REVIEW: “Ghost Marriage” by P. Djèlí Clark

Review of P. Djèlí Clark “Ghost Marriage”, Apex Magazine 105 (2018): Read Online. Reviewed by Joanna Z. Weston.

Ayen is wandering the desert, exiled because of her husband, who has been wreaking chaos and death ever since he died She just wants to unbind herself from his restless spirit so that she can return home and live her life in peace. From this unsettling start, the story unfolds with slavers, a witch, a penitent bull, and forgotten gods in order to tell a story about a young woman finding her own way and her own strength.

It’s nice to see a story that incorporates multiple African cultures, instead of homogenizing the heritage of an entire continent for purposes of fantasy. I’m not sufficiently informed to say how well each was handled (I’m pretty sure they were all based on cultures that exist in our world, as I recognized the Himba from Okorafor’s Binti trilogy at one point), but I enjoyed seeing the attempt.

This is not a particularly short story, coming in at almost 12,000 words, which gives it plenty of space for twists and turns. This story has more scope than most short stories (possibly because it is a novellette), so we get to follow Ayen on a real journey. That being said, be sure to set aside enough time to enjoy it and not feel rushed. It’s certainly worth the time!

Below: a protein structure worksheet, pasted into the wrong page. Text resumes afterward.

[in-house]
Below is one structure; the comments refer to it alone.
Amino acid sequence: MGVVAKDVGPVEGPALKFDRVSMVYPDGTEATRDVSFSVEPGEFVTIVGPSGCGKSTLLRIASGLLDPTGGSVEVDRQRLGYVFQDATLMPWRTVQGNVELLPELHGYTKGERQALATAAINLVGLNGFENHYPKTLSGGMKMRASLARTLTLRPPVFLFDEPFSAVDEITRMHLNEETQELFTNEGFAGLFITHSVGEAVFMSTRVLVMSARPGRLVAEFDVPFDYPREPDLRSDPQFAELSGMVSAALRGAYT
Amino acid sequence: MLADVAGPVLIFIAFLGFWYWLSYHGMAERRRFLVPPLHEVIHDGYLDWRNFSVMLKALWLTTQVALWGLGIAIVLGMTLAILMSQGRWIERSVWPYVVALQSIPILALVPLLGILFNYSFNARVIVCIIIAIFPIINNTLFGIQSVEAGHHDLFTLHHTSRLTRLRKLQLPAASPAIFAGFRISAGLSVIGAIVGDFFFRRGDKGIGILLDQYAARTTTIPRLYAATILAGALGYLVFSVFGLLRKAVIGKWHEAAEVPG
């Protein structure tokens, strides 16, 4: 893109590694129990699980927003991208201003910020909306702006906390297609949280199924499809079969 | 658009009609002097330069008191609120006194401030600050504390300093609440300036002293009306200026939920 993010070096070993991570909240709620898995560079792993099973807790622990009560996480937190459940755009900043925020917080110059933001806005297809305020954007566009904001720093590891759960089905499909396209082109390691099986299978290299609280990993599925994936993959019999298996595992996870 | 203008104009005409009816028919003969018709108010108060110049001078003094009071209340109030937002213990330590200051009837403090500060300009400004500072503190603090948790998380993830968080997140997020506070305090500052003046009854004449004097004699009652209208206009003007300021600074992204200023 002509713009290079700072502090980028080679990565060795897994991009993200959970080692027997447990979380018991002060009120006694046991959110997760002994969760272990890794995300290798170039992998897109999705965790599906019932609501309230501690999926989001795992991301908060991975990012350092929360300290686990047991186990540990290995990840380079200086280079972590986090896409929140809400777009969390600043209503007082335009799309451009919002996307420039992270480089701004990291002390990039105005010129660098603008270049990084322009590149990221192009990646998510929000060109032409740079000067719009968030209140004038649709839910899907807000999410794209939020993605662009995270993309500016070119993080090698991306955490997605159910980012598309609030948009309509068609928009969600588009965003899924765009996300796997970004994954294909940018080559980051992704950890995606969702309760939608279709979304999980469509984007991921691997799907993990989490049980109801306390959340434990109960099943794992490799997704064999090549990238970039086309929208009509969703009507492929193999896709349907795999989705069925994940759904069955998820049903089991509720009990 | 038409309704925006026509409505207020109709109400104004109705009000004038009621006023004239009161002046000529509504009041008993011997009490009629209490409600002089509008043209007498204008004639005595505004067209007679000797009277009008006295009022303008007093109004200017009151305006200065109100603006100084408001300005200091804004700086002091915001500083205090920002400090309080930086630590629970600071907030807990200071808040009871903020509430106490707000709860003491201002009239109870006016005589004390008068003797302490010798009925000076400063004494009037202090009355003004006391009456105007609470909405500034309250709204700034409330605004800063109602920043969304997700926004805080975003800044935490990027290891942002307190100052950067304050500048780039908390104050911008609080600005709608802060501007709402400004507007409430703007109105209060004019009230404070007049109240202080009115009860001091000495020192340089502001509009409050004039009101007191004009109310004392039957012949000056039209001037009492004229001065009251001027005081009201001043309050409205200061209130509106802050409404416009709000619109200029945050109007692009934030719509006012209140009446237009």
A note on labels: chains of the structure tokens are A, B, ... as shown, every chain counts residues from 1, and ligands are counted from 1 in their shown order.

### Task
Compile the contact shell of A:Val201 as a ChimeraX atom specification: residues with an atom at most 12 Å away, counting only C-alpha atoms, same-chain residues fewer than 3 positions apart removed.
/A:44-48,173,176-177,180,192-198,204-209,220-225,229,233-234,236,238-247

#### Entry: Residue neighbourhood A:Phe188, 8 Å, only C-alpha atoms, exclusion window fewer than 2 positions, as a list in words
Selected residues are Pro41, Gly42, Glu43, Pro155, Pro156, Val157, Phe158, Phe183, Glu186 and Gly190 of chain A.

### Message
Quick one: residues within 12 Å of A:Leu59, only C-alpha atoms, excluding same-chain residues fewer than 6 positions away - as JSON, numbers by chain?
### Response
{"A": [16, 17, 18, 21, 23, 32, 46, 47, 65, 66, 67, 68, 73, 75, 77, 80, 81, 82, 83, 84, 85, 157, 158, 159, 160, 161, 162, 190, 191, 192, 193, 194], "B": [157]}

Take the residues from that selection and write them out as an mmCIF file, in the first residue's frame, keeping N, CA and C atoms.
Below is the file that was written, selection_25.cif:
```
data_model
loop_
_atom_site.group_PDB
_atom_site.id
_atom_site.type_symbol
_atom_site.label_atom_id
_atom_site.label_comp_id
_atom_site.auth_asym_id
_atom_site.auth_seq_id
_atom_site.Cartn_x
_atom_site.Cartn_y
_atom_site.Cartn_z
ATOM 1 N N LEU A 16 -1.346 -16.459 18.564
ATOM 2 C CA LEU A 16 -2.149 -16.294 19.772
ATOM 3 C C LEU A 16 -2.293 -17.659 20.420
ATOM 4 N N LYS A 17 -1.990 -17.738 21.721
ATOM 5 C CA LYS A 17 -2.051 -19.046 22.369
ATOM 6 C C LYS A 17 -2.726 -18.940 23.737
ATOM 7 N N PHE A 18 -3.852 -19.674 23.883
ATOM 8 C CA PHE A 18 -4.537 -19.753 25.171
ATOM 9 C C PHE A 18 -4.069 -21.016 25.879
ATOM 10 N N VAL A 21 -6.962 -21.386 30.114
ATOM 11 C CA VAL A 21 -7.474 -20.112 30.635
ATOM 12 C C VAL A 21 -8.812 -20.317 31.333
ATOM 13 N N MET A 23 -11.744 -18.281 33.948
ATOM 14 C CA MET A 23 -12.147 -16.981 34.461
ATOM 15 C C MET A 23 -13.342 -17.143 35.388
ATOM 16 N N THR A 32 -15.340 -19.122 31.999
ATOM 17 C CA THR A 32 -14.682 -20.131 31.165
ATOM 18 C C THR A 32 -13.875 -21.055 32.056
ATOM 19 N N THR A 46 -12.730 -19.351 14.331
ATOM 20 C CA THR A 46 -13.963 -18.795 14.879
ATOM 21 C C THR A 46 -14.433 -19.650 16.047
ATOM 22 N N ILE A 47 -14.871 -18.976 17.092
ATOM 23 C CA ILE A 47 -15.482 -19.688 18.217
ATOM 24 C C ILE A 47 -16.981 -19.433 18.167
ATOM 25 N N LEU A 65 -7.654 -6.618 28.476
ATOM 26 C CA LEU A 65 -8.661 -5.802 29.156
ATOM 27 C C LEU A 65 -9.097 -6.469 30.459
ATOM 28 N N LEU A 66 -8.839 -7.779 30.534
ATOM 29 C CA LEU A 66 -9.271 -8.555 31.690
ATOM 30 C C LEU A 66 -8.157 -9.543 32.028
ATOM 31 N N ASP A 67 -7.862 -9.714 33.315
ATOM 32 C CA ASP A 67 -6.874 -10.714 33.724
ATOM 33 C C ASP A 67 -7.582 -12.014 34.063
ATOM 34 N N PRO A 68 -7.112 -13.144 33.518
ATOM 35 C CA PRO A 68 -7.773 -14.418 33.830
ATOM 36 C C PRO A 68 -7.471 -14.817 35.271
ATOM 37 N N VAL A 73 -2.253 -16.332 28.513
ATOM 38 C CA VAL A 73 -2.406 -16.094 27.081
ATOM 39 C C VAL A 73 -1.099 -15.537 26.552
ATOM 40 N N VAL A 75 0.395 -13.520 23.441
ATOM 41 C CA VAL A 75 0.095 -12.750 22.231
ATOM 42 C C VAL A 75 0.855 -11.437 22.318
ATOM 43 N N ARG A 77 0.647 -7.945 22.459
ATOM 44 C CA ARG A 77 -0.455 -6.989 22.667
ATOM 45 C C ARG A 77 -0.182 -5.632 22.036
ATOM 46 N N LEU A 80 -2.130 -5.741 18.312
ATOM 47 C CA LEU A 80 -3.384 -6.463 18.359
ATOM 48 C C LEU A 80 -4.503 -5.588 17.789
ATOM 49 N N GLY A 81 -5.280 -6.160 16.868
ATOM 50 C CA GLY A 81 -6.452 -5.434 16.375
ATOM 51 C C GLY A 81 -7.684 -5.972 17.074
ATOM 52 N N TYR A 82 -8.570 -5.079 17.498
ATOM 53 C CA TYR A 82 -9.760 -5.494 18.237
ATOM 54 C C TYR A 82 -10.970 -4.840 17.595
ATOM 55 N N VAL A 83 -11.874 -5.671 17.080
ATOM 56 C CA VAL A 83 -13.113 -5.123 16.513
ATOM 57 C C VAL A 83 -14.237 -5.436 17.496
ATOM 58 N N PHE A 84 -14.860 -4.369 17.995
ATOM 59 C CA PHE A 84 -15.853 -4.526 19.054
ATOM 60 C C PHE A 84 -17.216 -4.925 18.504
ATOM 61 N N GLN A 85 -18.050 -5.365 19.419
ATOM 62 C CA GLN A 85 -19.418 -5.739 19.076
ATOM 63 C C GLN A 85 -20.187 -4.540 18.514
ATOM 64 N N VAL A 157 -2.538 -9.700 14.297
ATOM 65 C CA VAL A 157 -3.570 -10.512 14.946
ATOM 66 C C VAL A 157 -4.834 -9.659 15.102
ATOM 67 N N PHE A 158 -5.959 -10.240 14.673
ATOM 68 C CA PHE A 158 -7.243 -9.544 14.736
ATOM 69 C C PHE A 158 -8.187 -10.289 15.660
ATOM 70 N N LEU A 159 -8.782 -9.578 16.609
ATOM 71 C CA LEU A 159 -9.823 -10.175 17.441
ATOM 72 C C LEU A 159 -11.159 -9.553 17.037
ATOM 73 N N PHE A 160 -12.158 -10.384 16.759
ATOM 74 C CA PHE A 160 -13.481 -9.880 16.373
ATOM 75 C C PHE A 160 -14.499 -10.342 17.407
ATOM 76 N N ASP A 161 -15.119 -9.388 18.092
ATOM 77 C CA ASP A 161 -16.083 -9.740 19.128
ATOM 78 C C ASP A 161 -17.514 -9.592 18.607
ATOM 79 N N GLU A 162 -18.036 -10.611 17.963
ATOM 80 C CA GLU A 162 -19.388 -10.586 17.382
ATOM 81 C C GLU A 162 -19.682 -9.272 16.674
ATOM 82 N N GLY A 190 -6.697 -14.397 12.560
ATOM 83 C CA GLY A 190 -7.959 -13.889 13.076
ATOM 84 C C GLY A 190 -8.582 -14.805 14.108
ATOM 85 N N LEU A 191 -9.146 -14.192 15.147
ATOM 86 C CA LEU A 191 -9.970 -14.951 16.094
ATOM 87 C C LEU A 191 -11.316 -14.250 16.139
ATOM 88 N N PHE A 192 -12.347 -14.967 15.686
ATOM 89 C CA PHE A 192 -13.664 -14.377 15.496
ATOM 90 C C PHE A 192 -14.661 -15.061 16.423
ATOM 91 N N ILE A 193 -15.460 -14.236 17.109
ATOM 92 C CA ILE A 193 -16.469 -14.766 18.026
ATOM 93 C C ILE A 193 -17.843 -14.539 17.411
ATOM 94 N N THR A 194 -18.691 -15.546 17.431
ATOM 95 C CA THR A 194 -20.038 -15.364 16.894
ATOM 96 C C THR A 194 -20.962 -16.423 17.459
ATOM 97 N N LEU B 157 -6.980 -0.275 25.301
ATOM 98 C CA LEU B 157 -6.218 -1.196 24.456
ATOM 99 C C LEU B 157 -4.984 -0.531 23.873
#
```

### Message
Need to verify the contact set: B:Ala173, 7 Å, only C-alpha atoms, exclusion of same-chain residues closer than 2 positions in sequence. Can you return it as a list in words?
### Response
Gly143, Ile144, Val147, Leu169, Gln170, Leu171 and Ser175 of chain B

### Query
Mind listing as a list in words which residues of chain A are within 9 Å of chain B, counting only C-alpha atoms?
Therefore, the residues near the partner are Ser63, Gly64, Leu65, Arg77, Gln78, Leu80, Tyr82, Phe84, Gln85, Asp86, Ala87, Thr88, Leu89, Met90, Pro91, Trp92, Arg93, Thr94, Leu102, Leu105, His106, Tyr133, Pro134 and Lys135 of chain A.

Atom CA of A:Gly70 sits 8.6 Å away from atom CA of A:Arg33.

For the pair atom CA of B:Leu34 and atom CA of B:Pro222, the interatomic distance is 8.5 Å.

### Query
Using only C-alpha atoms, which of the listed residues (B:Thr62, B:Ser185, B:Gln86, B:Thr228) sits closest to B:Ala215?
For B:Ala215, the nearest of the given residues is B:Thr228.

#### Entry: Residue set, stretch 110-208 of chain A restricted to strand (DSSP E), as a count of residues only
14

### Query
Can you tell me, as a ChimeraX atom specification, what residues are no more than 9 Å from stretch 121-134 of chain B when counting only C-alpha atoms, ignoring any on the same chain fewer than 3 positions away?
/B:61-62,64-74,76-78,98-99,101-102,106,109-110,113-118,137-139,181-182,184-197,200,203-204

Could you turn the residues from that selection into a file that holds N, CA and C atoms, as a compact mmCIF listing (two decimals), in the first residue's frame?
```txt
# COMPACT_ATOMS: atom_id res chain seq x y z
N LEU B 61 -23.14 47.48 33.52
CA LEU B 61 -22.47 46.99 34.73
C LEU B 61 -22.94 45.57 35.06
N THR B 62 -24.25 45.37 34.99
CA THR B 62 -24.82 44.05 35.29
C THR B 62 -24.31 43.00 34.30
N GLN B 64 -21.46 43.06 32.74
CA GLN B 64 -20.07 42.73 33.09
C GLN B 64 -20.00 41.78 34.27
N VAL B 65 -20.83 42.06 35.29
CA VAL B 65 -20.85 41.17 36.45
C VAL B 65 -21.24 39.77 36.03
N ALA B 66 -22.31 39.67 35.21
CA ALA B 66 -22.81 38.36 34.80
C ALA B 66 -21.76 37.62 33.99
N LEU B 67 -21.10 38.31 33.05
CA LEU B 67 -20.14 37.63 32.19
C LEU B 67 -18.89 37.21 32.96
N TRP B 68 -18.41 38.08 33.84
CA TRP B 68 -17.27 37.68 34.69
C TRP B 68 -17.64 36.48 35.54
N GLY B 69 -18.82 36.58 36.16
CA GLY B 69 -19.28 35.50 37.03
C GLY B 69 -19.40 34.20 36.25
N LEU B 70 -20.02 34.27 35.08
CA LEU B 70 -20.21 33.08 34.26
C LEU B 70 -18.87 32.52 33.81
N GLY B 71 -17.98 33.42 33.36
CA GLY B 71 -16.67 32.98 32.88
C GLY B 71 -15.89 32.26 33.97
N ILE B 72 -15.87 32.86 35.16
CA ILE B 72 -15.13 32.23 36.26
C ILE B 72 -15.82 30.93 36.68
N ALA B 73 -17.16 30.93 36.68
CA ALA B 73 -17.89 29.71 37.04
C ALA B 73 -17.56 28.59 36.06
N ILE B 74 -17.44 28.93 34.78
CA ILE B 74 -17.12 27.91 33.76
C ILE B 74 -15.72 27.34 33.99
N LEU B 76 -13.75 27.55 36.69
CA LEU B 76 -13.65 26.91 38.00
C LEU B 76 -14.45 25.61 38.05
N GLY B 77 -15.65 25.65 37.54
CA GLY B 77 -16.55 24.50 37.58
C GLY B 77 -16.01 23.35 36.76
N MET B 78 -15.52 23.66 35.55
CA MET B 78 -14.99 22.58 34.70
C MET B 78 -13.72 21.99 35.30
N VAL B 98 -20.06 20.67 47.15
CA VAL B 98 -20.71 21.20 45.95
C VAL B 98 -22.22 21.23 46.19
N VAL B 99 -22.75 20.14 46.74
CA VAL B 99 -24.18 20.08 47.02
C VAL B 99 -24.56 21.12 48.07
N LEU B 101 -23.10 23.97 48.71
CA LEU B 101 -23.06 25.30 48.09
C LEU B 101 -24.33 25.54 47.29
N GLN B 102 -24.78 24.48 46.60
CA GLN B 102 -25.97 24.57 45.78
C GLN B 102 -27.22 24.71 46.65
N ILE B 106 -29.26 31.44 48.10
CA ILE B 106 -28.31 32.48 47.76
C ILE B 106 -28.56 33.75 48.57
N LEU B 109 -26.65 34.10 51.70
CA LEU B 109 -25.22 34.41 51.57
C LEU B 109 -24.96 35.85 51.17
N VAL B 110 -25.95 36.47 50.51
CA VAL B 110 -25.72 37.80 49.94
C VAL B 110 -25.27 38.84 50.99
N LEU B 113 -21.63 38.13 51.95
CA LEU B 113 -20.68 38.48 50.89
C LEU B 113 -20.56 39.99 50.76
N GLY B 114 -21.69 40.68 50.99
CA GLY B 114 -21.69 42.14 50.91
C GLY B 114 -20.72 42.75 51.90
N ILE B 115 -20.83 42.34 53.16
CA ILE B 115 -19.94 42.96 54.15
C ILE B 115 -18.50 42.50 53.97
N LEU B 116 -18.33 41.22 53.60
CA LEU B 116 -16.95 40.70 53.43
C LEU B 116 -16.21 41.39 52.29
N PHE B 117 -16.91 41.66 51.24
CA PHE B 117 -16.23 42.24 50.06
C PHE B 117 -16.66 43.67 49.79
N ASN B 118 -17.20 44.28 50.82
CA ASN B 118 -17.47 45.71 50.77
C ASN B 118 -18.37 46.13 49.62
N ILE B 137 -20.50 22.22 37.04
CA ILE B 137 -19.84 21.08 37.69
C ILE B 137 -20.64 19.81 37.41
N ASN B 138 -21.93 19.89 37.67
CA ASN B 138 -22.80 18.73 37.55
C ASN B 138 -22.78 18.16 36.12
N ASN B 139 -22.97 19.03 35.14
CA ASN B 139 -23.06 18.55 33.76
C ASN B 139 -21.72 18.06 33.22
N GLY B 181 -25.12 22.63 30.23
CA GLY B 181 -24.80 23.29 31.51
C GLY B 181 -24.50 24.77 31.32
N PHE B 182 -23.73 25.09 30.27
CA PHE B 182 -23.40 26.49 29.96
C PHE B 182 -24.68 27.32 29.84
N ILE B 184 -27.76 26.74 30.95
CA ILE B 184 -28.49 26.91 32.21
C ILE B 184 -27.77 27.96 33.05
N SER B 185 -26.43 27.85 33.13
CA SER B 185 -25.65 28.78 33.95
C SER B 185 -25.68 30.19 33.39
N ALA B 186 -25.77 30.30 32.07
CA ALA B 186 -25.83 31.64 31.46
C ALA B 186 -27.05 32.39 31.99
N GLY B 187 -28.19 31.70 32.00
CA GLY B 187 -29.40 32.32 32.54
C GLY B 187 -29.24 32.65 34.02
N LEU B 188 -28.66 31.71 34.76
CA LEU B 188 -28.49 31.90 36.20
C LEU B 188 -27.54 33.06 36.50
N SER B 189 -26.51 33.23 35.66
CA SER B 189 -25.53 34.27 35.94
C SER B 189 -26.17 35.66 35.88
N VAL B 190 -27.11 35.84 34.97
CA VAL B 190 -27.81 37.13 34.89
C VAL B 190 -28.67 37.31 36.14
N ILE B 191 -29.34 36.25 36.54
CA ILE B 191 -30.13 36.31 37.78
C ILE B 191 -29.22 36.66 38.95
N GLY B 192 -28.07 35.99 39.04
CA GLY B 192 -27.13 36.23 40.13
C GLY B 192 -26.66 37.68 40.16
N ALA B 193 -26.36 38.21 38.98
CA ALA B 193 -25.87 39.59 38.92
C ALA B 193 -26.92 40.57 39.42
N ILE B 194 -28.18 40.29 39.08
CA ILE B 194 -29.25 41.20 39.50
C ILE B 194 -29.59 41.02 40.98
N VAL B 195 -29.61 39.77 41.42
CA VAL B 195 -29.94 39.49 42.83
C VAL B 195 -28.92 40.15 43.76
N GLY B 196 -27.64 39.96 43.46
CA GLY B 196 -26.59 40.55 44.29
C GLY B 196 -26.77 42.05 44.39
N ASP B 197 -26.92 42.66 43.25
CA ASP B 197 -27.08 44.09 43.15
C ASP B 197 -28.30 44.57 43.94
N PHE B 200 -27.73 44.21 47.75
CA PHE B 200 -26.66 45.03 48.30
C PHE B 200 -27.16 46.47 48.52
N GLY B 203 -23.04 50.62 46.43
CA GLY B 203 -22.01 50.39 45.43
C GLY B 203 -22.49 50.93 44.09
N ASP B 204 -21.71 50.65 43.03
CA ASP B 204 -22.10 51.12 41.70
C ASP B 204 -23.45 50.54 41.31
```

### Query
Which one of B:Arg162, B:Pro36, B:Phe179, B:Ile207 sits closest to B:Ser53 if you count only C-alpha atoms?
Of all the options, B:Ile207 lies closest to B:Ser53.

REVIEW: “Work, and Ye Shall Eat” by Walker McKnight

Review of Walker McKnight “Work, and Ye Shall Eat”, Apex Magazine 105 (2018): Read Online. Reviewed by Joanna Z. Weston.

The story opens three months into an unknown apocalyptic situation. All we know is that the staff of a colonial re-enactment village have been walled in with two layers of electric fencing, and they have no idea why. Is is a virus? An alien invasion? They are told simply to plan for the future, which Karen, their general manager helps them to do, getting the tradespeople to teach the actors and salespeople useful skills and making sure they plant enough food to survive the winter.

This is the calmest apocalypse I’ve read about, which makes the slow-growing menace all the more powerful. Karen becomes an increasingly unreliable narrator as she struggles to keep her people inside the walls, but it remains satisfying to read, because it’s so believable, so normal. In the end, I don’t really know what happened, except that it isn’t good. I’m not normally a huge fan of ambiguity, but in this case I think it works.

REVIEW: “A Witch’s Guide to Escape: A Practical Compendium of Portal Fantasies” by Alix E. Harrow